How Do You Calculate Rainfall Intensity?

By Staff WriterLast Updated Mar 25, 2020 9:57:45 AM ET

Rainfall intensity is calculated as millimeters per hour over a given duration. Since the heaviest rainfalls are usually quite short in length, the average time frame used for the calculation is 5 minutes.


There are many different occupations that use rainfall intensity calculations, one of which is water resource engineering. The data is used to plan, design and operate water resource projects. Some examples of these kinds of projects include storm sewers, culverts and other types of urban drainage systems. While there are different methods of obtaining the figure, such as the Gumbel technique or the Log Pearson Type III distribution, the basic steps remain the same.

  1. Determine the time frame
  2. Decide on the time frame in which the rainwater will be collected. While 5 minutes is the norm, the time can be any reasonable length.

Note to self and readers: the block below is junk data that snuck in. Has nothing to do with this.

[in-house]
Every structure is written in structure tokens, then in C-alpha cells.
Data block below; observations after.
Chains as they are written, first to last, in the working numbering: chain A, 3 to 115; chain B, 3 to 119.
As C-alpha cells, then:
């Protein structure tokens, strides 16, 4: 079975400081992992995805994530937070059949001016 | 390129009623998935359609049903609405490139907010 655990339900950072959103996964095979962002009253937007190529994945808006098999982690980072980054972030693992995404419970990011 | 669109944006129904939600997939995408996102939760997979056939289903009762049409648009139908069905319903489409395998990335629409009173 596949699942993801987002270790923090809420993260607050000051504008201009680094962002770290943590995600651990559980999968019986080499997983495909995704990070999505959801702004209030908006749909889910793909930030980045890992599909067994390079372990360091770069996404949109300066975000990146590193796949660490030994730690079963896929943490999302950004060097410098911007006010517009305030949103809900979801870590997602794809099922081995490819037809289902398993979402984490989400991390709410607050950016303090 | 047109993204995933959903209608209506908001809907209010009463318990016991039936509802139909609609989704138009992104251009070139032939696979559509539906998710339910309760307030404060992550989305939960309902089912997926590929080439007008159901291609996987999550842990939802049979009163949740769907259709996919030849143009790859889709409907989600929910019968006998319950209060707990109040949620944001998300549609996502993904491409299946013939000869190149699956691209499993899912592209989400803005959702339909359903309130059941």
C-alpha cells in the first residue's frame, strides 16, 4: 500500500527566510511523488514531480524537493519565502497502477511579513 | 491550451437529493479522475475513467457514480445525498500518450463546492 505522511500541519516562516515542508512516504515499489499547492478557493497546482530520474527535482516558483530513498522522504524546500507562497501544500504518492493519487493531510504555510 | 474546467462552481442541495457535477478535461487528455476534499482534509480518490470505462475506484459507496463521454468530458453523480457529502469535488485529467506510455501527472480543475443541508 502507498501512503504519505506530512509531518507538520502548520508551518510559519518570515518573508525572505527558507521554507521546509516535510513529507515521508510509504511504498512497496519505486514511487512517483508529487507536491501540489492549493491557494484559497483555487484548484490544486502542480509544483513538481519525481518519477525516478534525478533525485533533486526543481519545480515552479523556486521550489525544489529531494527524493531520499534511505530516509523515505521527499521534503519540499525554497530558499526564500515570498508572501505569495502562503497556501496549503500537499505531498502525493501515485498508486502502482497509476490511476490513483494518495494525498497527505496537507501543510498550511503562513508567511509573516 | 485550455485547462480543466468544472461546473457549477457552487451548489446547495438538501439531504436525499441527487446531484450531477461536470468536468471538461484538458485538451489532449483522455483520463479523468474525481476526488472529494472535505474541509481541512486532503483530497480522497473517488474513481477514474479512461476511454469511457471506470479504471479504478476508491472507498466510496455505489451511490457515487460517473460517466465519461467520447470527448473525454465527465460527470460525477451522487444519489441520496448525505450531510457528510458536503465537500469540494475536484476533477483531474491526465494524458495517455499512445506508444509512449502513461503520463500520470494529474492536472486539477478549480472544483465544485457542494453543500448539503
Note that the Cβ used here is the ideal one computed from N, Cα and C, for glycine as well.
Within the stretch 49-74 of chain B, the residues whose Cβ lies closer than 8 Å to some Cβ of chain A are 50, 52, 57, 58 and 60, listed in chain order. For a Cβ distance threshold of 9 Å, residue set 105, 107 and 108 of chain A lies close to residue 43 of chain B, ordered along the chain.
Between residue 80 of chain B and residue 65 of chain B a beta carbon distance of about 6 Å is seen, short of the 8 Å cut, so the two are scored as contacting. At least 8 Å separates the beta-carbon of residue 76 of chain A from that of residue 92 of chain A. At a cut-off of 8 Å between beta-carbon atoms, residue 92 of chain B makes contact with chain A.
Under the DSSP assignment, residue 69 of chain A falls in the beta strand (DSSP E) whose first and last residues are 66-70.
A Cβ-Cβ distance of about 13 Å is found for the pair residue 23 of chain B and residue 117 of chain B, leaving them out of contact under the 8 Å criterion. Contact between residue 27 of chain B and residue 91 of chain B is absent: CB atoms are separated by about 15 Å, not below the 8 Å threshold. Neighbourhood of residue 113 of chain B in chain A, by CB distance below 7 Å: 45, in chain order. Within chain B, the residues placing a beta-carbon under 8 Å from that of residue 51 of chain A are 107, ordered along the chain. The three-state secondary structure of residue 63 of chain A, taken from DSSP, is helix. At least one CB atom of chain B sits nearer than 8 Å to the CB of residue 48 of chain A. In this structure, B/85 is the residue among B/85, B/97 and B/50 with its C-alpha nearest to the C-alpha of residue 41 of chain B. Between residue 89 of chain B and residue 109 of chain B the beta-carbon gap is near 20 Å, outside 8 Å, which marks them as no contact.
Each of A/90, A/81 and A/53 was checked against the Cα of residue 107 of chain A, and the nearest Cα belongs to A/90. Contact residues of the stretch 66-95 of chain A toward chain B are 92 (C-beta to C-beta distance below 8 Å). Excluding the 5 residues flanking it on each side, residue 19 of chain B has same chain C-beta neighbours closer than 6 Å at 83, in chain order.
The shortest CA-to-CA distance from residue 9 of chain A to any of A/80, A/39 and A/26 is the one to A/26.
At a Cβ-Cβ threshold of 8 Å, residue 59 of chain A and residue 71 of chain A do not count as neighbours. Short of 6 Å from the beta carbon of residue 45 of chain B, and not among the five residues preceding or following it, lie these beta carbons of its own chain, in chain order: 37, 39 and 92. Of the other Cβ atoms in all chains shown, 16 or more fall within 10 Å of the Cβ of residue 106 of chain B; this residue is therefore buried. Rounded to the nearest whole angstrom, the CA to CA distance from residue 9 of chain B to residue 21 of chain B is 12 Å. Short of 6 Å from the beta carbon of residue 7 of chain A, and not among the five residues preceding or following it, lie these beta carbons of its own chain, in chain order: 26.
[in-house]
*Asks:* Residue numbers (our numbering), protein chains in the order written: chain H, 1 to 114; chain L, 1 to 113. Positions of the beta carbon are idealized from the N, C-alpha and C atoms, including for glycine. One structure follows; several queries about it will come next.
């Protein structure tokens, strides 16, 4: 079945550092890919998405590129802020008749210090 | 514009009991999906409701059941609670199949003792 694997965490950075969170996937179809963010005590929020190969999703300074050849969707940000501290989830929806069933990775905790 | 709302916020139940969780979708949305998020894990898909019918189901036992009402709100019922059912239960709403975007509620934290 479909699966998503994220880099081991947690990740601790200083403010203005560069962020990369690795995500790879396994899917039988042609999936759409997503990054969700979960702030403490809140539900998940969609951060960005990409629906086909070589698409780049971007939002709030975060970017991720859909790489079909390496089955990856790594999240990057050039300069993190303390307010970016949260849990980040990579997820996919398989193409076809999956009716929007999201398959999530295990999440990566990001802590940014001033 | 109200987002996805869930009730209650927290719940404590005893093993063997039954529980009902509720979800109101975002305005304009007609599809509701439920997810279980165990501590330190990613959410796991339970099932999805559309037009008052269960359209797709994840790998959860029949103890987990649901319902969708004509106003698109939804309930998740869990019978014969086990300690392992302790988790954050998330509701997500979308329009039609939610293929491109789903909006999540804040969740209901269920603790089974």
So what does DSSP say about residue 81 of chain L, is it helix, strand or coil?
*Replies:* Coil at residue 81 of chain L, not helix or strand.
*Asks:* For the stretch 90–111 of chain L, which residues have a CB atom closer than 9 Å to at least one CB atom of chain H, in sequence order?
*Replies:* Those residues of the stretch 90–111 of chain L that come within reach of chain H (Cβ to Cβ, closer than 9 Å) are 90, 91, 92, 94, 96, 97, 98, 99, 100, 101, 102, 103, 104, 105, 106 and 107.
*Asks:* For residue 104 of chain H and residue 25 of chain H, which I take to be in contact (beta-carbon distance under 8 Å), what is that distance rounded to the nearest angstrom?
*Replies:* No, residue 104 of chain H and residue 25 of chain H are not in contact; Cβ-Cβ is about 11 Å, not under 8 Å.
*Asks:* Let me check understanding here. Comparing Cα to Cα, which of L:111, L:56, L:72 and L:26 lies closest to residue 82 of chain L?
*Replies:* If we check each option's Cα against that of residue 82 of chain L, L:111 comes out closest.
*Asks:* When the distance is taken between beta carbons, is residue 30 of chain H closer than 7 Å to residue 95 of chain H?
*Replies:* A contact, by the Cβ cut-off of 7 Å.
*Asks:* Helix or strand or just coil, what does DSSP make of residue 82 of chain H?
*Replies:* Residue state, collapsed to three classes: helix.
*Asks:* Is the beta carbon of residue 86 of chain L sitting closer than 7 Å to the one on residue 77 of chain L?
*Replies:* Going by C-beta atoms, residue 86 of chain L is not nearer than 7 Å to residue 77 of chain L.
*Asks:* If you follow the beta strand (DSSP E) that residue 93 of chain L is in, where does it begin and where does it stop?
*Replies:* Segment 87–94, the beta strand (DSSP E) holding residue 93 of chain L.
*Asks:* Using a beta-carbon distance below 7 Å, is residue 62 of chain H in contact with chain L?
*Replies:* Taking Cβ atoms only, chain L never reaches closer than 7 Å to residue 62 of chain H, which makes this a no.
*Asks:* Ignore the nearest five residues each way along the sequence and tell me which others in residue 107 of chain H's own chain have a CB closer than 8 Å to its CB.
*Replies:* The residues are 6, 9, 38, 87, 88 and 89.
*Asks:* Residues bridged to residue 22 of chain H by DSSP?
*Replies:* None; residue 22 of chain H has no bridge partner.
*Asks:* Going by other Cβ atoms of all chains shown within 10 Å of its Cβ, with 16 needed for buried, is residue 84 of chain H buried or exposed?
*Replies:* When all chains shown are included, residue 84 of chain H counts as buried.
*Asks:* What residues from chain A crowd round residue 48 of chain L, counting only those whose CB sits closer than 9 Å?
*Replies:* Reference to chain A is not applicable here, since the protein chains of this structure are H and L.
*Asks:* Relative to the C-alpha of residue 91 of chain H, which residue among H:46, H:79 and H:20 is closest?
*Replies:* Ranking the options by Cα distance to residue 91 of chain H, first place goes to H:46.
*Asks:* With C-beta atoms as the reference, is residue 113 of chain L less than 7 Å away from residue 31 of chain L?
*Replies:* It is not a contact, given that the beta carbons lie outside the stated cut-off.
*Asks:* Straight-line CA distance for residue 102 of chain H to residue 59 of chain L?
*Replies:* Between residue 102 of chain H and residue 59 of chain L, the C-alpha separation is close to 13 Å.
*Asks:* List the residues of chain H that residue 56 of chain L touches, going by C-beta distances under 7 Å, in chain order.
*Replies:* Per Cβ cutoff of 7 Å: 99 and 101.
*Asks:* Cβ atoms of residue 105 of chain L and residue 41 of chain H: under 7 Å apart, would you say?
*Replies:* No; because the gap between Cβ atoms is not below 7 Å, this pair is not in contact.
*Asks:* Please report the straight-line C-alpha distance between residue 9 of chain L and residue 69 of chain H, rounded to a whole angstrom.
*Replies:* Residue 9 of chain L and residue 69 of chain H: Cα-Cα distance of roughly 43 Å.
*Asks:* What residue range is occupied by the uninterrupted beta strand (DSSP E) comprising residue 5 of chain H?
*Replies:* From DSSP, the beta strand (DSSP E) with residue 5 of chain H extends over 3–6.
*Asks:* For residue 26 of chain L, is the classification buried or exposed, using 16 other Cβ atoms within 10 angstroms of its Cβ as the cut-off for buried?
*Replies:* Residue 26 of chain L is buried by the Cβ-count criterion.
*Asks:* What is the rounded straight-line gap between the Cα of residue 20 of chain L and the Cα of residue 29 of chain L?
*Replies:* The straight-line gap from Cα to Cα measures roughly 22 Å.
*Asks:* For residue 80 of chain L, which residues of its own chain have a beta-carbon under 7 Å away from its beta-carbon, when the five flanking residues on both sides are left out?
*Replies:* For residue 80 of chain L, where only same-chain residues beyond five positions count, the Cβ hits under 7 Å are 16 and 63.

3. Collect the water
  4. Use a standard rain gauge to collect the rain water. A rain gauge consists of a funnel that empties into a graduated cylinder. This fits into a larger cylinder, which collects any run-off. The cylinder is marked in millimeters. Set the empty rain gauge outside in an open area, and start marking time. When the predetermined amount of time has elapsed, retrieve the rain gauge and bring it inside or under cover.
  5. Calculate the data
  6. Observe from the rain gauge how many millimeters of rain were collected. If it was during a 5-minute period of time, multiply that amount by 20. This will give an answer of millimeters of rainfall per hour.